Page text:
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Pest control in the Cloud

by Juniper Employee ‎12-11-2012 12:38 PM - edited ‎12-11-2012 12:40 PM

One of the reasons I like reading security research papers is those Aha! moments they bring. Here is my recent favorite: a team of university researchers has published their work named “Abusing Cloud-Based Browsers for Fun and Profit”. It surely is worth attention. I mean, how often do you see “for fun” in academic papers?? Let’s take a look at the technical content.

 

What is a cloud-based browser? Basically it is software as a service that takes an Internet URL, loads and renders the web page content, and presents it to the end user in a lightweight, optimized form. Mainly targeted at mobile users, such services shift all computational heavy-lifting to powerful dedicated servers, resulting in improved user experience in the mobile browser. In other words, you command the cloud service to load the sites you want, and it will do so, including images, Flash and Javascript components.

 

And here’s the key: if one’s a hacker with bad intentions, she may craft a malicious web page, and direct the cloud-based browser to it. The malicious Javascript will be executed in the browser, but not in the hacker’s one. Aha! Effectively, by manipulating the malicious page, an attacker will be able to limitedly control this remote computing resource residing in the public cloud. And if she is able to automate it and circumvent some of the restrictions imposed by the service, then it becomes possible to build a botnet made of cloud browsers – easy, and free. Such bots will be limited in what they can do, compared to “traditional” botnets – web sessions expire, pages are subject to same origin policy; browser engines utilize security sandboxing. There are CPU, memory and bandwidth quotas. But even with these limited resources the botnet may be good enough to mount a DDoS attack or run a distributed password cracking calculation. Or even compete with Amazon’s Elastic Map Reduce, as researchers have demonstrated in the paper (I recommend reading the full original).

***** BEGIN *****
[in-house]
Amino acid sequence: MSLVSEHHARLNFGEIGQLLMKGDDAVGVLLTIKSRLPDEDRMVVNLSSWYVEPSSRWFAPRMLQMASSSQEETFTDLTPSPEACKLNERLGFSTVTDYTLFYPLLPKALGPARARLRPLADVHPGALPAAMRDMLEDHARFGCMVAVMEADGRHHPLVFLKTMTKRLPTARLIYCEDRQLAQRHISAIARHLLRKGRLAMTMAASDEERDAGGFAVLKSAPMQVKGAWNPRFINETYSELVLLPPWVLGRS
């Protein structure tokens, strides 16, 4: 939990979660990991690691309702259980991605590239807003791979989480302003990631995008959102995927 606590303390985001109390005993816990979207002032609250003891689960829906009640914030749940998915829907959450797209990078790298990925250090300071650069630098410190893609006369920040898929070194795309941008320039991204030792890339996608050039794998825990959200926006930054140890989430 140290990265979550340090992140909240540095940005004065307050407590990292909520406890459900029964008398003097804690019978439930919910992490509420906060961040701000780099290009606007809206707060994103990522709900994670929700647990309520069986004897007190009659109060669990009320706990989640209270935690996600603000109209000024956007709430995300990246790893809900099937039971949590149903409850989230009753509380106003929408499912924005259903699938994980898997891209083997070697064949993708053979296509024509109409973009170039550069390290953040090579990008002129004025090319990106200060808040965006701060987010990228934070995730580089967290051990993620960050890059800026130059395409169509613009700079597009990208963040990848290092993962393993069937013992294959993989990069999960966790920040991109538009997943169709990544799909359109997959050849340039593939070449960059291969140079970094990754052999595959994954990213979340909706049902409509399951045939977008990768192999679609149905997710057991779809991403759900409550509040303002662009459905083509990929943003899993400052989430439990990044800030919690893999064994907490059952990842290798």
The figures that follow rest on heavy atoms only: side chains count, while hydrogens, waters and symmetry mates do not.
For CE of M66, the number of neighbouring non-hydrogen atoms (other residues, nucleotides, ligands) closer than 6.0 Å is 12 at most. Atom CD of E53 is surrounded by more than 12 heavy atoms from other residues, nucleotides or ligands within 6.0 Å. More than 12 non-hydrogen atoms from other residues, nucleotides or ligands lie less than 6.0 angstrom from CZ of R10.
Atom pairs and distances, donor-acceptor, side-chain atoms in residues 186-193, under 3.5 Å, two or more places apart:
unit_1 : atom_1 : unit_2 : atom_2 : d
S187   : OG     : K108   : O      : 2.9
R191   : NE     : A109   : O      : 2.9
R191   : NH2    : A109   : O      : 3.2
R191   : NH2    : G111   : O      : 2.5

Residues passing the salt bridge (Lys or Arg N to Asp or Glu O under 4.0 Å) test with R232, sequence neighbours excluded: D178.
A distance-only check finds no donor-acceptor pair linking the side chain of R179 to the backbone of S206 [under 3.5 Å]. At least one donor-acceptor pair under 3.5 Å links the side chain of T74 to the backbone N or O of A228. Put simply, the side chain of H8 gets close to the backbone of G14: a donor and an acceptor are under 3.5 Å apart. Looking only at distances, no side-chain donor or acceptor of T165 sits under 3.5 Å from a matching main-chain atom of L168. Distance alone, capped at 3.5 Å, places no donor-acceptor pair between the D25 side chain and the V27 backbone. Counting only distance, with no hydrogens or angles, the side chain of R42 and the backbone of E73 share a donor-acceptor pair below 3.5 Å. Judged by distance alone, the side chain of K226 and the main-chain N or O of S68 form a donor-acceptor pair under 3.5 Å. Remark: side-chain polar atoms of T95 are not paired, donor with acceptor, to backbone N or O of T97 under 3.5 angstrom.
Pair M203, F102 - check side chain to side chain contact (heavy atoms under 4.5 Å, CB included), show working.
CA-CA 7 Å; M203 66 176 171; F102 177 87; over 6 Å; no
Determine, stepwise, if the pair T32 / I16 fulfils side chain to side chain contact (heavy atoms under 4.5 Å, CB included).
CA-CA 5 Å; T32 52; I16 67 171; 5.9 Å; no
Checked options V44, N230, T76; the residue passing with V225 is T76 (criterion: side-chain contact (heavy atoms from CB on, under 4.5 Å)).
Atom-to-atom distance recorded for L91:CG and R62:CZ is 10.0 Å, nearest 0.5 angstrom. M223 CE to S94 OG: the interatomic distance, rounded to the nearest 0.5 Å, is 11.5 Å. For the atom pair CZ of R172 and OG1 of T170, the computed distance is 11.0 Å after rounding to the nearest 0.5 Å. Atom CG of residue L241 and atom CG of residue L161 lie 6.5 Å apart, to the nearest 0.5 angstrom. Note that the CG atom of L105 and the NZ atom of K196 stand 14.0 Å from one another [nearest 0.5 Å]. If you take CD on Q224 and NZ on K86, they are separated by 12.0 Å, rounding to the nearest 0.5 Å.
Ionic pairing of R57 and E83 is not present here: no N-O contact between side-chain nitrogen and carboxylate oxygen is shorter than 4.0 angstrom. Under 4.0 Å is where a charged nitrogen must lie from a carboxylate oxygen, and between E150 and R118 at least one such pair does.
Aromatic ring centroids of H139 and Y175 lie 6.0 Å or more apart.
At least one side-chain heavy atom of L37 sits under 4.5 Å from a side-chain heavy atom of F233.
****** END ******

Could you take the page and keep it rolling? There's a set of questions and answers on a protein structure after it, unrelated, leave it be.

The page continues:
This attack is classified as a form of parasitic computing – exploiting of someone else’s processing resources. Software companies building their cloud services should design them with security in mind and be ready for “pest control” in their infrastructure. Of course no architecture is perfect, especially as we see more researchers getting progressively interested in all about the cloud. Expect more to come.

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